The second part of “Morning Prayer” is one of the most affecting moments on Strawberry Mansion, with the singer reaching out and offering prayers for his loved ones who are struggling, for all of humanity, really. “For my friends who suffer/ For my mother, father and brother/ For a world down on its knees/ I pray for thee,” he sings with great poignancy.

The road to Strawberry Mansion, which was recorded at Daylight Sound in Nashville with longtime compadres Paul DeFigilia (Avett Brothers) and Mat Davidson (Twain), began in 2019 with Slim’s decision to get sober. Even though the singer-songwriter kicked alcohol years ago, the insidious monster of addiction had crept back into his life in different guises. The last straw came during a road trip with a friend, who, at the end of the journey, let it be known that the man he knew and loved was no longer recognizable. So Slim called his manager and loved ones and soon checked into a program. That experience and his ongoing recovery program have given him a framework for grappling with the personal demons that have always skulked in the shadows, and helped him find light in the void. “It’s important for me to talk honestly about these things, because I feel it gives me strength, and it might help others along the way.” he says.

Strawberry Mansion is the singer-songwriter’s seventh full-length album. He released his first record, Electric Love Letter, back in 2004. Since then he has graced the stages of Bonnaroo, Lollapalooza, Newport Folk Festival, and the Conan O’Brien show, winning fans over with his heart-on-a-sleeve sincerity and rousing live shows.

Born Sean Scolnick in 1980, Slim took part of his artistic moniker from his hometown of Langhorne, Pennsylvania, a place he’s still very much connected to despite making his home in Nashville. Since the advent of Covid-19, he has been traveling back to PA once a month to see his mother and grandmother, and, like many Americans, finding strength in his origins and family bonds. The title Strawberry Mansion refers to the neighborhood in Philadelphia where both of his grandfathers grew up, a place he calls “dirty but sweet, tough but full of love, where giants roamed the earth and had names like Whistle and Curly.” That idea of a mythical wonderland informs the new album from head to toe. Strawberry Mansion is not so much about nostalgia for the past as it is about the possibility of better days ahead in this world. These are songs that remind us we’re all part of a collective “Mighty Soul,” united in one journey, just like the characters in that old Philly neighborhood. It’s a life-affirming album for these times.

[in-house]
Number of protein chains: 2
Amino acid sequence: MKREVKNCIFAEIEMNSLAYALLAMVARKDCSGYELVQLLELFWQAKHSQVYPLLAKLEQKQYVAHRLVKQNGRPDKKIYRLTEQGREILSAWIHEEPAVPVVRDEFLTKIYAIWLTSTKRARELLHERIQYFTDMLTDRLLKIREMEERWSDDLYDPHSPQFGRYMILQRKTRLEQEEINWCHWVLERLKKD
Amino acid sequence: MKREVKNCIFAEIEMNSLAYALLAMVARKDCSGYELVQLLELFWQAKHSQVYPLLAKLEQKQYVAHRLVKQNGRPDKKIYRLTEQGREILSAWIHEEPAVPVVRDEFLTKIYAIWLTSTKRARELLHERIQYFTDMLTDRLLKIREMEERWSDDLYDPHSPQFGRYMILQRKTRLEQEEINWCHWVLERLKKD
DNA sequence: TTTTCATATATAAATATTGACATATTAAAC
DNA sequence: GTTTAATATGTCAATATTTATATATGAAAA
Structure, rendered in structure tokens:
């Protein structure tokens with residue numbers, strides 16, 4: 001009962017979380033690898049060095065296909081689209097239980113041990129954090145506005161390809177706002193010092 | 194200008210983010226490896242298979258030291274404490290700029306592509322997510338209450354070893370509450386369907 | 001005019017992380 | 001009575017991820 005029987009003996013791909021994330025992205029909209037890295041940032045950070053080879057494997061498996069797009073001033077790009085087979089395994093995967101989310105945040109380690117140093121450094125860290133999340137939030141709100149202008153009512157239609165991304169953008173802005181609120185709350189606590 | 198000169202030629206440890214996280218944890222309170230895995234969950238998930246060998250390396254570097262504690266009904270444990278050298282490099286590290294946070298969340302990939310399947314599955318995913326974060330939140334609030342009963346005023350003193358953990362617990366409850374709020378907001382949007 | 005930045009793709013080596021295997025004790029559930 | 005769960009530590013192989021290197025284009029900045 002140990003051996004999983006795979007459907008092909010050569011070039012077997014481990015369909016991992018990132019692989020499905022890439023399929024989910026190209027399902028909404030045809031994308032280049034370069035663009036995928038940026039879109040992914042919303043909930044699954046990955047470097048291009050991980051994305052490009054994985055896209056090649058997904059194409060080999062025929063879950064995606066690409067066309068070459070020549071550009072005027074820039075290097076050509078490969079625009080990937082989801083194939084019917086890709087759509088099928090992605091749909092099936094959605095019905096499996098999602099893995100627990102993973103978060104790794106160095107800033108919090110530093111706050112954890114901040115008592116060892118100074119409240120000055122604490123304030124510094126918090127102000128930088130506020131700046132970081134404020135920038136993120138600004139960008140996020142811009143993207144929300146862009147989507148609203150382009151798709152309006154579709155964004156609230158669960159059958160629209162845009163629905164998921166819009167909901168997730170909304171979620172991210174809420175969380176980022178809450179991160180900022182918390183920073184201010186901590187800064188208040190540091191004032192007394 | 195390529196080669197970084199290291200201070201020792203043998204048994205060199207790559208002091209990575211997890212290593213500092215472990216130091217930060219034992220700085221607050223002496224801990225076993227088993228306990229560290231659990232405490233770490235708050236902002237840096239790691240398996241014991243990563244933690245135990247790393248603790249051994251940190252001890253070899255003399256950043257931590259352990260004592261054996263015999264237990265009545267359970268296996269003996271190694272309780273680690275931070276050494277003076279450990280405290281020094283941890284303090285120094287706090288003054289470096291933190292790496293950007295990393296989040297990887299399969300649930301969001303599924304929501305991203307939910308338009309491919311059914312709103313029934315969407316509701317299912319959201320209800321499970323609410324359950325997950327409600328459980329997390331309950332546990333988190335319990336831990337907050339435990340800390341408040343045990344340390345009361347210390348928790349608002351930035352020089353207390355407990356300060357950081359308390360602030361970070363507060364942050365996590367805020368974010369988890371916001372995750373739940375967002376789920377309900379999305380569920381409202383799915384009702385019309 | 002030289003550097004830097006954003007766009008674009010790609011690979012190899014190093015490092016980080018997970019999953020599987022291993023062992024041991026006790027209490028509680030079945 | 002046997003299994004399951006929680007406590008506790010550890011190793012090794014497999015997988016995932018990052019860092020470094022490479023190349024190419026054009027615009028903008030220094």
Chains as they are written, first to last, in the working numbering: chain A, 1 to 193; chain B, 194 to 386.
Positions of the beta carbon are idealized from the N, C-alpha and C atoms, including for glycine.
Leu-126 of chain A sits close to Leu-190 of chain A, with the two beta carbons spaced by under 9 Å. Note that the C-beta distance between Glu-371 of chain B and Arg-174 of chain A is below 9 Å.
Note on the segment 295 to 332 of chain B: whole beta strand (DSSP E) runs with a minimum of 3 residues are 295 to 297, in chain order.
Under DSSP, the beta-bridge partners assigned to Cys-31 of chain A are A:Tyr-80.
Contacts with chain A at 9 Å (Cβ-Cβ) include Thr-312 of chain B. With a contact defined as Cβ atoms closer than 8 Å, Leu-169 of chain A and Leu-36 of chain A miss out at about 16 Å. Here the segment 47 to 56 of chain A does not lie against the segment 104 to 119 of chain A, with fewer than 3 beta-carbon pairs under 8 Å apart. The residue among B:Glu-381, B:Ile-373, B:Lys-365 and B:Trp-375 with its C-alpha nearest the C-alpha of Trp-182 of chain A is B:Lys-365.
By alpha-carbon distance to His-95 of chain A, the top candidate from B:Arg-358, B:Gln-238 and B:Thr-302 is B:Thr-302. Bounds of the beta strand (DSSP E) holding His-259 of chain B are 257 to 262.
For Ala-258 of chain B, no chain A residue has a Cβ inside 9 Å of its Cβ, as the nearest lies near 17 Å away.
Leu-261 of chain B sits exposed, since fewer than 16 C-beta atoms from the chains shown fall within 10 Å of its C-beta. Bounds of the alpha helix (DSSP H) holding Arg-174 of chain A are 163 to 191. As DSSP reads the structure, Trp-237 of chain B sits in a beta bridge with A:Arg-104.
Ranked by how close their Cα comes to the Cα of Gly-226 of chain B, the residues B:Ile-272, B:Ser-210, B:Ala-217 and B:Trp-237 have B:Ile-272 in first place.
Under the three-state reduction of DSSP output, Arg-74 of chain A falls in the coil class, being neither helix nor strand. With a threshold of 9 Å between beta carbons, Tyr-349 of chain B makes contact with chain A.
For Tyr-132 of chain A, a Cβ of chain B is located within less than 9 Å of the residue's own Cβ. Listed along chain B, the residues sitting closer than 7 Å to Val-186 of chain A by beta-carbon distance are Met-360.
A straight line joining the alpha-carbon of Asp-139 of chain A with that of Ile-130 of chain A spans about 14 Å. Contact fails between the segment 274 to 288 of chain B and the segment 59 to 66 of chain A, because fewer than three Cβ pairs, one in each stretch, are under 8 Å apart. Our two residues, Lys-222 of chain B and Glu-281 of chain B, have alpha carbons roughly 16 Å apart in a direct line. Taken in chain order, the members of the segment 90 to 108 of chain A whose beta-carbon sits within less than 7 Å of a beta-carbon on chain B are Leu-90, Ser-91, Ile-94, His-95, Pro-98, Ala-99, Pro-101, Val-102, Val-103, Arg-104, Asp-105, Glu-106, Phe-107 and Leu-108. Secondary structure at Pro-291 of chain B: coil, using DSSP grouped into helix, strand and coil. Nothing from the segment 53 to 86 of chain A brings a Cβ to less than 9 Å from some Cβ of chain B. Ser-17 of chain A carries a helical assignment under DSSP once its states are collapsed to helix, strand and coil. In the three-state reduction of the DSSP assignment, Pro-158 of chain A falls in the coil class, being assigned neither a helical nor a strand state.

—-

Masks are strongly encouraged but not required during your visit to 3S Artspace.

By purchasing a ticket and/or visiting 3S, you are agreeing to follow 3S Artspace’s health & safety requirements as they are on the date of your visit (not at the time of purchase). There may be exceptions or changes to our requirements for upcoming events, based on factors such as artist requirements and public health mandates.

Attendee Promise & Health Acknowledgement
All attendees agree to follow 3S Artspace policies and posted instructions during their visit. All attendees should evaluate their risk in determining whether to visit 3S. By entering the building, attendees voluntarily assume all risks related to exposure to COVID-19 and confirm they will adhere to both local and CDC quarantine requirements.

COVID-19 Warning
There is risk of exposure to COVID-19 in public spaces and there is no guarantee those attending an event will not be exposed to COVID-19.

—-

Ticket purchases are non-refundable.

Thank you to our year-round Lead Sponsors: Raka.

3S Artspace is supported in part by a grant from the New Hampshire State Council on the Arts and the National Endowment for the Arts.

3S Artspace is supported by the New England Foundation for the Arts through the New England Arts Resilience Fund, part of the United States Regional Arts Resilience Fund, an initiative of the U.S. Regional Arts Organizations and The Andrew W. Mellon Foundation, with major funding from the federal CARES Act and the American Rescue Plan from the National Endowment for the Arts.